WPWeekly Episode 312 – Dragon Drop, WordPress Accessibility Statement, and WooCommerce GDPR

In this episode, John James Jacoby and I start the show by sharing our thoughts on Mark Zuckberberg’s congressional hearing. We then discuss what’s new in Gutenberg 2.6 and describe our user experience. We let you know what’s in WooCommerce 3.3.5 and discuss what the development team is doing to prepare for GDPR compliance.

Stories Discussed:

Gutenberg 2.6 Introduces Drag and Drop Block Sorting
Theme Review Changes Place More Onus Onto Theme Authors
WordPress Accessibility Statement
WooCommerce 3.3.5 Released
How WooCommerce is tackling GDPR

Picks of the Week:

AtomBlocks by Mike McAlister

WPWeekly Meta:

Next Episode: Wednesday, April 18th 3:00 P.M. Eastern

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3 responses to “WPWeekly Episode 312 – Dragon Drop, WordPress Accessibility Statement, and WooCommerce GDPR”

  1. Jeff, you had it right in saying that Matt had a hand in the TRT changes. A lot of this started from a discussion with him a year or two ago. The team decided on these particular things back in May 2017 (if I’m not mistaken). We just never completely followed through.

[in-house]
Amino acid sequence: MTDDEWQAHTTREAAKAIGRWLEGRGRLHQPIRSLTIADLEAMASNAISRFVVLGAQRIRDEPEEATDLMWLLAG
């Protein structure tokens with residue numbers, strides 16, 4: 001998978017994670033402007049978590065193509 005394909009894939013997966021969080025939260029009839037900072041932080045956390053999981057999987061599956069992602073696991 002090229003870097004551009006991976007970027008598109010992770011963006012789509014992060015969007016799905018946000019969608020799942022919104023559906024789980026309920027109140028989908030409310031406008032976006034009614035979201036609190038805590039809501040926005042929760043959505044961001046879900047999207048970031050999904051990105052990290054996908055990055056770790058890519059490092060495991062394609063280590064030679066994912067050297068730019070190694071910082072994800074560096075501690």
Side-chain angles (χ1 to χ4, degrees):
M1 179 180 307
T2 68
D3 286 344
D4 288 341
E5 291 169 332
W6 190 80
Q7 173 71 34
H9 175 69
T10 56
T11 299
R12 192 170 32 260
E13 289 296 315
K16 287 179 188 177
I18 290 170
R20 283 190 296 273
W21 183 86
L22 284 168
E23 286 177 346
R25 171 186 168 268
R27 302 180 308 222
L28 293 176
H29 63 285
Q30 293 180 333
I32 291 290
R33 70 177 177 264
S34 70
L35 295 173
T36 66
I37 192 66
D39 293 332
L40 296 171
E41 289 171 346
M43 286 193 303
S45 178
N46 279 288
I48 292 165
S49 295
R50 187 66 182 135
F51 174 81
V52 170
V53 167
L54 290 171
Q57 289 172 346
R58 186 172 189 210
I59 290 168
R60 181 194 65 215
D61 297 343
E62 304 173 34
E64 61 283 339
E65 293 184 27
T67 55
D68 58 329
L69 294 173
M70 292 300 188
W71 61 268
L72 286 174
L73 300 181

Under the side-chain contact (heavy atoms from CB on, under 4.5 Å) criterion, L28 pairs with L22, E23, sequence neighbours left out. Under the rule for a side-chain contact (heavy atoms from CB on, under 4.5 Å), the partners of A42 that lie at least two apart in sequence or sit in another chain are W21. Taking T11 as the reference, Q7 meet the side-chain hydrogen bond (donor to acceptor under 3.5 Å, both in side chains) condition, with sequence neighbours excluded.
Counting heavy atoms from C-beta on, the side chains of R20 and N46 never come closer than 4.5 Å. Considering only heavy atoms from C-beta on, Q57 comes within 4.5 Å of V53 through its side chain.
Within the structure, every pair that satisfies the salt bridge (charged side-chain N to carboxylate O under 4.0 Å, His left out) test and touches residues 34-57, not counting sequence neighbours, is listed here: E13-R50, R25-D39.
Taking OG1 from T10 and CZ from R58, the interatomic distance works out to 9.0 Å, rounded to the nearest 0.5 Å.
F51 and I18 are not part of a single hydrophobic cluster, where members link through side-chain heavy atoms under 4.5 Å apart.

It goes back even further than that. I’d say the real conversation started here on the WP Tavern forums early in the team’s formation. It’s taken years to get to this point, but a bit more freedom and less rigidness is what many of us have been asking for from the beginning.
    That same discussion has been an ongoing theme for years now.

  2. The panel was never going to push Zukerberg because it’s always going to come down the reality that the current state of laws and regulations in the US allow for this. No matter how distressful facebooks actions are, we as a country allow it. That is true of every other actor that does, for all intensive purposes, the same sorts of things Facebook is doing.

    Undoubtedly in Facebook and Googles mind they think they walk a balance between offering services for free and using the information they are able to collect to advertise off of or provide access to build other opportunists.

    If we want that to change then the laws are going to have to change, and before that the conversation has to change. It’s way to easy for this to just be about Facebook and for people to pat themselves on the back as they rush to Twitter to post #DeleteFacebook.

  3. There should be nothing surprising about all the nonsense, grandstanding, ignorance and bullshit at the Facebook hearings.

    Any more than there should be any surprise whatsoever, about the prevelance of anarchy, name-calling, unjustified outing and hate-speach on Facebook itself.

    The American economy has put a Neanderthal in the Whitehouse, and given a kid the job he always dreamed of, without providing either with the ability to discharge their office with the appropriate global responsibility.

    That’s the price you pay for democracy and capitalism.


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